Sing!

Then you will sing psalms and hymns and spiritual songs among yourselves, making music to the Lord in your hearts. And you will always give thanks for everything to God the Father in the name of our Lord Jesus Christ.

Ephesians 5:19-20 (NLT)

When I was a kid and my mom would still send me off to school, she’d stand on the front step and holler out a song title at my sister and I. She would then stand on the step until she could hear us singing the song as we walked down the street.

More often than not, that song would stay with us throughout the day and we’d come home singing choruses like This is the Day or Celebrate Jesus (it was the nineties, have a little grace).

Mom was on to something. Her intent was to send us off to school with the presence of the Holy Spirit. Now, more than 20 years later, I’m still asking God to give me songs to sing while I work. When I’m alone in an room with great acoustics, why wouldn’t I sing? And if someone else walks in the room and hears me praising God while I work, what does that matter?

Psalms and hymns and spiritual songs aren’t just things to do to fill the silence, but they are a byproduct of being filled with the Holy Spirit and allowing him to control our lives. Verse 19 is preceded by this:

Instead, let the Holy Spirit fill and control you.

Ephesians 5:18b (NLT)

Then you will sing...

If you’ve got the Holy Spirit, don’t be afraid to sing the songs he puts in your heart. Even if you can’t sing. My dad always says that God told us to make a joyful noise. He never said it had to be on key.

So sing!

Daily Bible reading: Isaiah 27-28, Ephesians 5

Turn on

I can safely say, on the authority of all that is revealed in the Word of God, that any man or woman on this earth who is bored and turned off by worship is not ready for heaven.

A.W. Tozer

I can guarantee that I’m not the only worship leader who often steps off the stage feeling discouraged by the numerous people sipping coffee, checking their phones or wandering in when the last song is winding down.

It’s a cultural thing, I’ve heard. Whose culture? Not ours. Our culture has no problem whatsoever worshipping whether it be celebrities, sports teams, video games, or new phone apps. When more attention is given to the fact that the barista got your coffee wrong than seeking the presence of God, a giant warning light should go off.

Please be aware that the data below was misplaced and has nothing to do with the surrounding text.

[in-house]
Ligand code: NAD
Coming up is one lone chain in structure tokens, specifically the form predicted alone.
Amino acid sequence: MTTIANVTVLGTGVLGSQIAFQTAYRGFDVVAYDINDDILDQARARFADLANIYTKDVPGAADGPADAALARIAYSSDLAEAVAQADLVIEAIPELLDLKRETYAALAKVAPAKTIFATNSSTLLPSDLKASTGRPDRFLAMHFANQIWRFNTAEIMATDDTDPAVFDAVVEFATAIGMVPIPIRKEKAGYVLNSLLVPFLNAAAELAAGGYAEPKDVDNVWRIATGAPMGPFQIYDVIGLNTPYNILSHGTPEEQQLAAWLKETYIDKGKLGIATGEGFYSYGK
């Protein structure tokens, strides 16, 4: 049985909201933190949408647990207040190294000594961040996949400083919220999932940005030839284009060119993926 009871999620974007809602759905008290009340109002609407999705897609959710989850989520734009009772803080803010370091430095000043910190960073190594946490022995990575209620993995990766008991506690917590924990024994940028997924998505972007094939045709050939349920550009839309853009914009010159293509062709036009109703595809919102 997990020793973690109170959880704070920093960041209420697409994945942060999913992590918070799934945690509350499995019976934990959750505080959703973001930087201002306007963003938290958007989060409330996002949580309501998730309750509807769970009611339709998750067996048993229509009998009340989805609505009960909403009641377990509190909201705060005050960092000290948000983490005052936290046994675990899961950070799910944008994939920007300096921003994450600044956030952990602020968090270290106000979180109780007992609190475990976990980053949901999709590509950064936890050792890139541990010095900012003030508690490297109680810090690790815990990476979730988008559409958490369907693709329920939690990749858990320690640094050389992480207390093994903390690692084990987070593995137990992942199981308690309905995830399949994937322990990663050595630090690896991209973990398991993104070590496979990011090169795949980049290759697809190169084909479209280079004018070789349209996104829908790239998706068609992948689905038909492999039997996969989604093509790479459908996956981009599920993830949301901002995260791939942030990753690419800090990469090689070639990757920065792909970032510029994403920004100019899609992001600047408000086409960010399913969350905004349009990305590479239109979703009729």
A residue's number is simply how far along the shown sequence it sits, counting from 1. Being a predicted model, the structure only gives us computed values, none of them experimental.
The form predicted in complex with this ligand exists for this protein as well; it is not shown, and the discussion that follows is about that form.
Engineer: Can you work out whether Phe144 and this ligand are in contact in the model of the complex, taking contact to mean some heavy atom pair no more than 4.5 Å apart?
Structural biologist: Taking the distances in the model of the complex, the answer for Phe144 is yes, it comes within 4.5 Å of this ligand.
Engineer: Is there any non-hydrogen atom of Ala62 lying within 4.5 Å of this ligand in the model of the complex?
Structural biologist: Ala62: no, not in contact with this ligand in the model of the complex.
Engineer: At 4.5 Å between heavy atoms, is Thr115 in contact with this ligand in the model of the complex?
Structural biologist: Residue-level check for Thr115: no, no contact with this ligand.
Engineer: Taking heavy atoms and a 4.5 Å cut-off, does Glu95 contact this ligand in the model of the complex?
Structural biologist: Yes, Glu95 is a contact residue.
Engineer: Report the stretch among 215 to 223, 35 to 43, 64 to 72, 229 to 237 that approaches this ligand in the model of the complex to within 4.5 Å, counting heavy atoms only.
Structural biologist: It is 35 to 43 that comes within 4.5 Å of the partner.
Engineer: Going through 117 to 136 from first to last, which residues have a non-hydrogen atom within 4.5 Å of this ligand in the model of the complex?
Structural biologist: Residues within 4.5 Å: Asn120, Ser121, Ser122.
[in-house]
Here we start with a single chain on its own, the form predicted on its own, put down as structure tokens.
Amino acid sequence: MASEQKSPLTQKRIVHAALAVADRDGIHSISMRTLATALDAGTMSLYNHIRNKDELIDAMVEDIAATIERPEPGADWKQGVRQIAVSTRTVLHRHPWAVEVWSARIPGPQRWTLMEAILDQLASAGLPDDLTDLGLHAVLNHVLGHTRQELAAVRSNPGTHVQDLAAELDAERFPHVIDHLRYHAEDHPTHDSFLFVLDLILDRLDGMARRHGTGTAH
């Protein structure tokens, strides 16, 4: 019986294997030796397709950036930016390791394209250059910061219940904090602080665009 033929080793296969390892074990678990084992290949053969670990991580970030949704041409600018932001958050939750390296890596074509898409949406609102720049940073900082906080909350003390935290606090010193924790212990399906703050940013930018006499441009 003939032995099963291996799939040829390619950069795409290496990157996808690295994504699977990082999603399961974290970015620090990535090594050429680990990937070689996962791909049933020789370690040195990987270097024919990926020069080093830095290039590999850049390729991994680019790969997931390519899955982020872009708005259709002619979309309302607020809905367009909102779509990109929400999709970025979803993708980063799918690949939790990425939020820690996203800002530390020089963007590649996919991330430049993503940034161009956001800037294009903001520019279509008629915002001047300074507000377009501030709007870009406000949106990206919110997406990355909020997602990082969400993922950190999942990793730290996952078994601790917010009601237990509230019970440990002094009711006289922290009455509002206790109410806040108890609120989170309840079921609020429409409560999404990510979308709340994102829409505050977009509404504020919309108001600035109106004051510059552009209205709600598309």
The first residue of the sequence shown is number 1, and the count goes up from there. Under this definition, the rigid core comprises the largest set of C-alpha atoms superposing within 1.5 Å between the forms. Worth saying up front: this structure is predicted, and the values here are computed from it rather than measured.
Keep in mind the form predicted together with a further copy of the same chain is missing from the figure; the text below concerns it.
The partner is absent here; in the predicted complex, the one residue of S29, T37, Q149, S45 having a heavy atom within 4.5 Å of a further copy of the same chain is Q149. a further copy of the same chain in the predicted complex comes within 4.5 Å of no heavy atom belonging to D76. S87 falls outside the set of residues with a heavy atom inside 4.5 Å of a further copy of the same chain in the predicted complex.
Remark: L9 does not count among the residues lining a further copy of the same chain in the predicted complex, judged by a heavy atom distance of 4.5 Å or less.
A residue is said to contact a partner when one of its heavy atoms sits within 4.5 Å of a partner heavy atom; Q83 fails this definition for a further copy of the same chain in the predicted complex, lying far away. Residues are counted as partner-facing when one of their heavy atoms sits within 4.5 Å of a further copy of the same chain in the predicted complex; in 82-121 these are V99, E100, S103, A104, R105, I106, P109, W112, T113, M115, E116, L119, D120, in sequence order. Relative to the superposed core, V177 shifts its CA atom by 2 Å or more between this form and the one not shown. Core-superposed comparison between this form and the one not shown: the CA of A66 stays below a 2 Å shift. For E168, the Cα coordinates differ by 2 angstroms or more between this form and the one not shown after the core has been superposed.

With them were Heman and Jeduthun and the rest of those chosen and expressly named to give thanks to the Lord, for his steadfast love endures forever.

1 Chronicles 16:41 (ESV)

When King David brought the ark of the covenant back into Jerusalem, he chose a worship team and gave them a permanent position at the tent. He picked the best musicians and singers for the job. Why? So he could have the coolest sounding band in town? No. Because God’s steadfast love endures forever. David picked the best so that they could give God the best simply because He deserves it.

David went so far as to trade his royal robes for those of a priest as he ushered the ark into the city. He gave worship a greater place than his status as king.

I believe that in public worship we should do well to be bound by no human rules, and constrained by no stereotyped order.

Charles Spurgeon

Corporate worship is a regular gracious reminder that it’s not about you. You’ve been born into a life that is a celebration of another.

Paul David Tripp

I could list quote after quote from the Bible and great men and women of faith both current and those who have gone before us. There is a great truth to all of it – worship is not about us and how we feel (comfortable or not). Worship is our response to who God is and who we are in light of Him.

Surely that which occupies the total time and energies of heaven must be a fitting pattern for earth.

Paul E. Billheimer

Daily Bible reading: 1 Chronicles 14-16; John 9:24-41